Seriously, go to that site, and spend maybe just 30 seconds staring at it. You will soon realize that you do need a break. Next thing you'd do? Probably look for a kit-kat just like I did, eat it, and then continue on your work for the day. Simple, yet creative (and effective!) way of advertising.

Thursday, July 7, 2011

What makes an effective advertisement?

(for Advertising Class)

A few months ago, I came across a few videos in youtube released by the Coca- Cola Company. These videos were not meant to be an advertisement, but they served as one anyway.

These videos are about the so-called Coca Cola Happiness Trucks that provide happiness to wherever they are. These trucks mysteriously park in public places where a lot of people could see it, and there is a large “push” button that is very noticeable even to those who just pass by. After pressing the button, the person is given a bottle of coke, or anything that would be of interest to that person depending on the place where the truck parks. In beaches, the truck shares Frisbees, shades, foldable chairs, and surfboards. By the streets they give out skateboards, balls, toys, roses, and teddy bears. It is a wonderful gesture of just giving generously without asking for any mode of payment. The people who get gifts from this “happiness truck” are thankful, but have no idea who exactly to thank.

In a way, this strategy became effective to consumers because it gained them loyalists and people’s attention- that Coca-cola is out there, doing things like these that humbles their company down, and gives them a better reputation than all the other companies who try to seem aggressive.

One viewer from the youtube video commented,

I love that there are big corporate companies still doing thing like this; Forget about the money for a day and just remind us all how capable of compassion humans are. Amazing video, brightened up my day :)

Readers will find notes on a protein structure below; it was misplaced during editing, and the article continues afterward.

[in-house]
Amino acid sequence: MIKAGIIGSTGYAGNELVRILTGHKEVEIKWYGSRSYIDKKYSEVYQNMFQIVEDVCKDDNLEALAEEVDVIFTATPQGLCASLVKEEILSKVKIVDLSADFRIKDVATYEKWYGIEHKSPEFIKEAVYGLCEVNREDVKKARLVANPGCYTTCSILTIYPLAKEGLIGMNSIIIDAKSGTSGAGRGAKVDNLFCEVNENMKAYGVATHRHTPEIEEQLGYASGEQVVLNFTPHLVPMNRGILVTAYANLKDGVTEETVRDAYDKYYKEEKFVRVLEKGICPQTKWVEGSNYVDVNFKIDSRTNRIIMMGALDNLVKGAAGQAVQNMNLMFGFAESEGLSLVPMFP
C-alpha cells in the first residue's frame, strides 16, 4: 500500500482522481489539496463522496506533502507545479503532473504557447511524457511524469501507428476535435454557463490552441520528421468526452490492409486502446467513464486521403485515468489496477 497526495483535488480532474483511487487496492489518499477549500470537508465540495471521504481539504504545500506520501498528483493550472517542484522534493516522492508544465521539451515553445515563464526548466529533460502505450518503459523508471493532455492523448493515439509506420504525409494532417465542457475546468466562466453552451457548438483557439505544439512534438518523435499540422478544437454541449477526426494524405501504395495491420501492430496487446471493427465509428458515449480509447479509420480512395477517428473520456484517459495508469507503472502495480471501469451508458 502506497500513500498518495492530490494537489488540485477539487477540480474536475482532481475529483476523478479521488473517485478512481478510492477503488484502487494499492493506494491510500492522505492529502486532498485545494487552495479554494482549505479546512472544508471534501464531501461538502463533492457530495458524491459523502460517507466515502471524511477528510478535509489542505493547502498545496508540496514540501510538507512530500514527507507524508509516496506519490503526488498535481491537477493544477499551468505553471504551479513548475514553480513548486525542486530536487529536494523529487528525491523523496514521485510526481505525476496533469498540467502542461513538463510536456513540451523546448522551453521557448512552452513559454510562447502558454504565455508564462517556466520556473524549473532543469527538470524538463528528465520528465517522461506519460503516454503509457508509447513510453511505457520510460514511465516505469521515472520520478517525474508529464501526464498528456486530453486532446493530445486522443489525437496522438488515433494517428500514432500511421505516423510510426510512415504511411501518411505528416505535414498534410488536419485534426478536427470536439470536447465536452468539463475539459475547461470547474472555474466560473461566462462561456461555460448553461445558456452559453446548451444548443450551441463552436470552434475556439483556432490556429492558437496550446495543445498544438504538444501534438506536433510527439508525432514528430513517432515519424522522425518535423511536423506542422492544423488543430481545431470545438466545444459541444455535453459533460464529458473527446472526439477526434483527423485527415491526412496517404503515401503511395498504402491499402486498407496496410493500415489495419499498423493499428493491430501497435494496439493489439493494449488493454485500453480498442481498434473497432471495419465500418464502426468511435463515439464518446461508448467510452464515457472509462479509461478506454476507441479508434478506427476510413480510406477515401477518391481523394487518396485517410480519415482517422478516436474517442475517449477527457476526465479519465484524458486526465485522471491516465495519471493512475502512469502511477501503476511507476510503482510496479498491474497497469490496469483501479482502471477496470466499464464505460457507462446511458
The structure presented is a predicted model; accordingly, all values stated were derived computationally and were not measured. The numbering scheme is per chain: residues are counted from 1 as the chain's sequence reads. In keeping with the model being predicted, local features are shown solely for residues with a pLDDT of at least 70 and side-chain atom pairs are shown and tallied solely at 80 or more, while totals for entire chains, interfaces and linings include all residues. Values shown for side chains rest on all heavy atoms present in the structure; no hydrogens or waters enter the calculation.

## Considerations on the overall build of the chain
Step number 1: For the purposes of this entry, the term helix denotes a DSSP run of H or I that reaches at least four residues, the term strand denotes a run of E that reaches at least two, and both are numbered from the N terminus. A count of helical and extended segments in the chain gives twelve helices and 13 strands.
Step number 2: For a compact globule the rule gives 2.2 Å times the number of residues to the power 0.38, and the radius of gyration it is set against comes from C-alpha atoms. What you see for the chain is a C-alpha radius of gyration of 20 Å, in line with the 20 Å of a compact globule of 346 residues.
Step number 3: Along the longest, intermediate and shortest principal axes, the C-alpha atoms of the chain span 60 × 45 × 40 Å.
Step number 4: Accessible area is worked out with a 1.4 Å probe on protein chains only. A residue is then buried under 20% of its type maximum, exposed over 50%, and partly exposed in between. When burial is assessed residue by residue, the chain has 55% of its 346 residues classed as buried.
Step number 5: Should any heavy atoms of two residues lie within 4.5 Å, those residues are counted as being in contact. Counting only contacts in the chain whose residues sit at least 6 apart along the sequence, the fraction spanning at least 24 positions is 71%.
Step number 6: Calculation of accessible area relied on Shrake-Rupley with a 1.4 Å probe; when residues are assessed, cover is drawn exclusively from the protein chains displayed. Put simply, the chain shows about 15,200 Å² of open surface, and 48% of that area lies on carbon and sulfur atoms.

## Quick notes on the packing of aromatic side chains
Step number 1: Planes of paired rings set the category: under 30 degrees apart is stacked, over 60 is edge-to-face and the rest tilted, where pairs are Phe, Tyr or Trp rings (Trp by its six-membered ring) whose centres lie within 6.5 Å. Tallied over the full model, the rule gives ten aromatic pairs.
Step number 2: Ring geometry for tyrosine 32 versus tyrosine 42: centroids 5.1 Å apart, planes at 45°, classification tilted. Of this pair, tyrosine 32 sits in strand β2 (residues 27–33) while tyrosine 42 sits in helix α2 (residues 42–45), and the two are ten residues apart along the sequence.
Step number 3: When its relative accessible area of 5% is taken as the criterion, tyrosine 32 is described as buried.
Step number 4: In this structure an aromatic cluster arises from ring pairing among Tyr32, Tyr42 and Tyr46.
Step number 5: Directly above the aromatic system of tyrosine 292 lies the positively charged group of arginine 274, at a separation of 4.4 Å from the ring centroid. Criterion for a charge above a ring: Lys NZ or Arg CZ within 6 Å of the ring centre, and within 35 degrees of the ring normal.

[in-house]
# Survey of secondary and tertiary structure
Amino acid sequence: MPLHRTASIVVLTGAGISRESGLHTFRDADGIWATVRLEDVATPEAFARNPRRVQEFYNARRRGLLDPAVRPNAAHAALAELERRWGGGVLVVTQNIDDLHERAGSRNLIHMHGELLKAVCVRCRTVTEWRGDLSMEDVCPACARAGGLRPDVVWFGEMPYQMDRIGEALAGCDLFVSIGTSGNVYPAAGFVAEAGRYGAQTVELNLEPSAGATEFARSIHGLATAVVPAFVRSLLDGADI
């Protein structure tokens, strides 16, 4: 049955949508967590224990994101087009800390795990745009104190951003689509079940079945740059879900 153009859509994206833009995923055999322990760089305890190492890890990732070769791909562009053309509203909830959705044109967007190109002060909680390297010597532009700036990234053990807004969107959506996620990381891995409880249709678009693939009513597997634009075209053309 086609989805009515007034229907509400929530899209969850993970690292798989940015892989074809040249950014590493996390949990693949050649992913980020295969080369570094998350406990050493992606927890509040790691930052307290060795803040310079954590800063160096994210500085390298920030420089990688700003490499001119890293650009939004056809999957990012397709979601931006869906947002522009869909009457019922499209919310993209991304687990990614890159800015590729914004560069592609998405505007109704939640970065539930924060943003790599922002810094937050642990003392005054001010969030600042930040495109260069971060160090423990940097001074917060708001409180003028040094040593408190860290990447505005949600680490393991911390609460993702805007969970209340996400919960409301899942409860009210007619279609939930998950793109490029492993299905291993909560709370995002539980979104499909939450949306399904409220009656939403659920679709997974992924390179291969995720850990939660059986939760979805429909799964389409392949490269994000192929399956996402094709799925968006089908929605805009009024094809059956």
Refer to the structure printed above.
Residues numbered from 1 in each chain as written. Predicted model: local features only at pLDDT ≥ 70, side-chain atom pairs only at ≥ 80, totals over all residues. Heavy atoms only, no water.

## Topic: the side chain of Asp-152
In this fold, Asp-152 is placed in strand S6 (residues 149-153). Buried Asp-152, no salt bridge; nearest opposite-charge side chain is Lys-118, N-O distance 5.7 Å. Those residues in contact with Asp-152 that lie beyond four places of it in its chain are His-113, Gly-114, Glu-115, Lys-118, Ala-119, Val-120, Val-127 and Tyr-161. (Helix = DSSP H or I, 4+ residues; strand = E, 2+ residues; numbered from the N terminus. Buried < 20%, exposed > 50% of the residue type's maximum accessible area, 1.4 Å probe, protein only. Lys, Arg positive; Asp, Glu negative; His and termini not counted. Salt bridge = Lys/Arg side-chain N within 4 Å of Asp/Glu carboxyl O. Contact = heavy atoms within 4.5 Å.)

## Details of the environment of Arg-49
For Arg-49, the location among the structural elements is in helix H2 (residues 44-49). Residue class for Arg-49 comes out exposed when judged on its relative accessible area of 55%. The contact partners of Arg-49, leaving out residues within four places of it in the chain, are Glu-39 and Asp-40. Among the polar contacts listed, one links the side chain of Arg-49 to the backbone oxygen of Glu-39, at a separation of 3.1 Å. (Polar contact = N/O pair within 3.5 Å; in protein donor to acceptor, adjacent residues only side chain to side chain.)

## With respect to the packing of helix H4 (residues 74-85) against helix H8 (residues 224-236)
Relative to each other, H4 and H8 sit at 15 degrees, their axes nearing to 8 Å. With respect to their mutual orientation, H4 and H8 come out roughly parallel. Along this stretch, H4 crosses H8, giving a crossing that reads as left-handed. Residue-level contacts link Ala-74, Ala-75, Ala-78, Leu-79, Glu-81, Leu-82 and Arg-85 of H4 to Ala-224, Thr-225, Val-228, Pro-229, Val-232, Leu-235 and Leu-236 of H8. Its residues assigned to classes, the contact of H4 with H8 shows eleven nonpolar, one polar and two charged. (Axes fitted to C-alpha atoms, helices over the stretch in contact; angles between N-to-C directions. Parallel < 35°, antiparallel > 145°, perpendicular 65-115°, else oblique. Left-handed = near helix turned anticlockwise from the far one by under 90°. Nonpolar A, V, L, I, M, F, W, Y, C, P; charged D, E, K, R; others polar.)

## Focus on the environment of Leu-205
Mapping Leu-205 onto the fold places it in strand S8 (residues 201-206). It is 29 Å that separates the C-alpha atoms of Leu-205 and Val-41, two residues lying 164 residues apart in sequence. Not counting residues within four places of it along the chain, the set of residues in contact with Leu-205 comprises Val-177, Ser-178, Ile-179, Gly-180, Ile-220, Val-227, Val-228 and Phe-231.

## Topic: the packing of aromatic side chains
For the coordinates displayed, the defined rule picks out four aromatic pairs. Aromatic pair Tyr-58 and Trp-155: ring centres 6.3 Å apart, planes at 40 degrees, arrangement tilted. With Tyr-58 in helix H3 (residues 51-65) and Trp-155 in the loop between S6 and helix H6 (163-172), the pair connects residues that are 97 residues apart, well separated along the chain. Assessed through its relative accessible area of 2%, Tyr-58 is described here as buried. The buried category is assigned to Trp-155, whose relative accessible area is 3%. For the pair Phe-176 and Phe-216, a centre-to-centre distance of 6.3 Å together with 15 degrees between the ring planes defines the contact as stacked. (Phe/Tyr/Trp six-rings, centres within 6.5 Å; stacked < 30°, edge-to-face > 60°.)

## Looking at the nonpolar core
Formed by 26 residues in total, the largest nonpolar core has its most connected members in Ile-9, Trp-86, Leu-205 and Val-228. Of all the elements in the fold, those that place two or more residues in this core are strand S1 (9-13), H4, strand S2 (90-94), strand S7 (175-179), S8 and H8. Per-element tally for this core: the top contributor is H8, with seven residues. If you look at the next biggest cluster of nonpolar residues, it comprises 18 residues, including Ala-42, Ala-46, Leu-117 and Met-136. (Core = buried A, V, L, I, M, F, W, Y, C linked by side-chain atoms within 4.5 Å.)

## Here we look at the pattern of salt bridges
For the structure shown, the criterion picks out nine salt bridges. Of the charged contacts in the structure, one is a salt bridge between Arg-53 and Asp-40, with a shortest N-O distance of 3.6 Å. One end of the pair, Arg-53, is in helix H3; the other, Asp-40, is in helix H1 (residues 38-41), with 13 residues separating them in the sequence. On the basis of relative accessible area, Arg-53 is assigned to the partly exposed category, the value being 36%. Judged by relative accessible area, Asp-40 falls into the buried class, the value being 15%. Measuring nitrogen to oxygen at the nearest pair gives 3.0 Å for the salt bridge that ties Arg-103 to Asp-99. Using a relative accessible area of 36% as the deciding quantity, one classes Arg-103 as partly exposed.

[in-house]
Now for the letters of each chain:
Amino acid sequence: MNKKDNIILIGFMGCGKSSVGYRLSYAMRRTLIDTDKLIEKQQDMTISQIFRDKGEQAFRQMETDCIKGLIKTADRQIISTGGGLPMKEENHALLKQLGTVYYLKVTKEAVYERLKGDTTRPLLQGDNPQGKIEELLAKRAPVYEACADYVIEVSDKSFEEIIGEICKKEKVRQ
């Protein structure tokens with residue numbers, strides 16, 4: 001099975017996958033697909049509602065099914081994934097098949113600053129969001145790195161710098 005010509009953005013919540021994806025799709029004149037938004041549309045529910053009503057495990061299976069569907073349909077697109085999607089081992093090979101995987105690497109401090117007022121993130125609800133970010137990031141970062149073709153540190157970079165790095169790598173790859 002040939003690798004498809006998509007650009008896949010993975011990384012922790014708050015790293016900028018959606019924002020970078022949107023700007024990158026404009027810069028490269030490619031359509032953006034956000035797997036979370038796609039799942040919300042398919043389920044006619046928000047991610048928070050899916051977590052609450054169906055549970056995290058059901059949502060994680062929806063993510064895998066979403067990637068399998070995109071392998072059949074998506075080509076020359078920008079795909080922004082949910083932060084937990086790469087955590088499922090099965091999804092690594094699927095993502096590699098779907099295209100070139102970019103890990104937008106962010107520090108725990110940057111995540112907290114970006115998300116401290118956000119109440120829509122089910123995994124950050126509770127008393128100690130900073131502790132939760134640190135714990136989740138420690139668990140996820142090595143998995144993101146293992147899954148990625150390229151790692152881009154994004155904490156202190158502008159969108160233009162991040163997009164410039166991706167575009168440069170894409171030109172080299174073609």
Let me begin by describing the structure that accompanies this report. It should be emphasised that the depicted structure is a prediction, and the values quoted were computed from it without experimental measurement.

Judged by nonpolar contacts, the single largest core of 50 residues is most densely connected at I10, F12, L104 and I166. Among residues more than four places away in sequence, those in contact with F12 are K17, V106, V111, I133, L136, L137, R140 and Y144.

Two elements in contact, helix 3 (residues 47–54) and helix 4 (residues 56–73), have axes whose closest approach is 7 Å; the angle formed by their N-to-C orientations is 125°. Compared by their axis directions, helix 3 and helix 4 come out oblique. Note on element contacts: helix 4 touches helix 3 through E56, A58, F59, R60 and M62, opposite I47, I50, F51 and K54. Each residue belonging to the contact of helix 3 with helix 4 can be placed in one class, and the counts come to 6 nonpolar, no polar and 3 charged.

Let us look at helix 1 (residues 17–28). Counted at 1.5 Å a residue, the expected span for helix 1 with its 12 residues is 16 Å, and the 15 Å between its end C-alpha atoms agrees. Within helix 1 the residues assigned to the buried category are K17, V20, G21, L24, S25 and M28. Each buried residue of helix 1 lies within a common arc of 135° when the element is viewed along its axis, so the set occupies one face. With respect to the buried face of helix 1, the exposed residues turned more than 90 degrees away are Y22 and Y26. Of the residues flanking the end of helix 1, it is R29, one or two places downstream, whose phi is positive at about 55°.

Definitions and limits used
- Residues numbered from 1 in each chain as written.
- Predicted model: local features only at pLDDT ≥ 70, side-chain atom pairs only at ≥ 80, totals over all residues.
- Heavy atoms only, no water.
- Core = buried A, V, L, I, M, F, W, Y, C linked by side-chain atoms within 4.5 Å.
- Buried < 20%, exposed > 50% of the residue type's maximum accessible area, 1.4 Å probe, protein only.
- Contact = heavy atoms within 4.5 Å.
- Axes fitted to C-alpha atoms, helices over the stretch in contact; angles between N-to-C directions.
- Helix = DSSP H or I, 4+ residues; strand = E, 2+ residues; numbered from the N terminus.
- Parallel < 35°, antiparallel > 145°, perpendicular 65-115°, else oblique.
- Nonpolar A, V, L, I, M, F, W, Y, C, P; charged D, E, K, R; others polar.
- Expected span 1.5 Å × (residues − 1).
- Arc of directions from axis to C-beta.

Another said:

For coca-cola that was a little happiness for them ..

but for that people its a biggest happiness they get :)


and then more and more similar comments were shared.

Nicest thing ever! Nice one coke :)


I think this idea of the Coca-Cola Company is both for Sales Promotion and Public Relations. After seeing this project, people would get encouraged to buy coke instead of any other product, thus giving them more profit and more buyers. The idea of sharing without asking for anything in return benefits them by gaining them a respectable brand name which is I think what their communication objective was.

To say that it followed the Integrated Marketing Communications or IMC Strategy is an understatement, seeing as Coca- Cola already has many different slogans and catch phrases such as “Life Tastes Good,” “Make it Real” and “Open Happiness” internationally then locally we hear “Buhay Coke, Buksan Mo” and it does make you feel that, once you open a bottle of coke, you open up into a life that is good and happy.

As effective as all the other commercials Coca-Cola has produced both internationally and locally, their idea of making the “Happiness Truck” served the same purpose, because psychologically the truck with the name “Coke,” “opens” when it is pushed and it gives you something that could make you happy.

The video ends with the phrase “Where will happiness strike next?” and it leaves the viewers hoping that it could be their place. The happiness this promotion provides is genuine and you could really see it through the smiles in the faces of those people coke has given happiness to.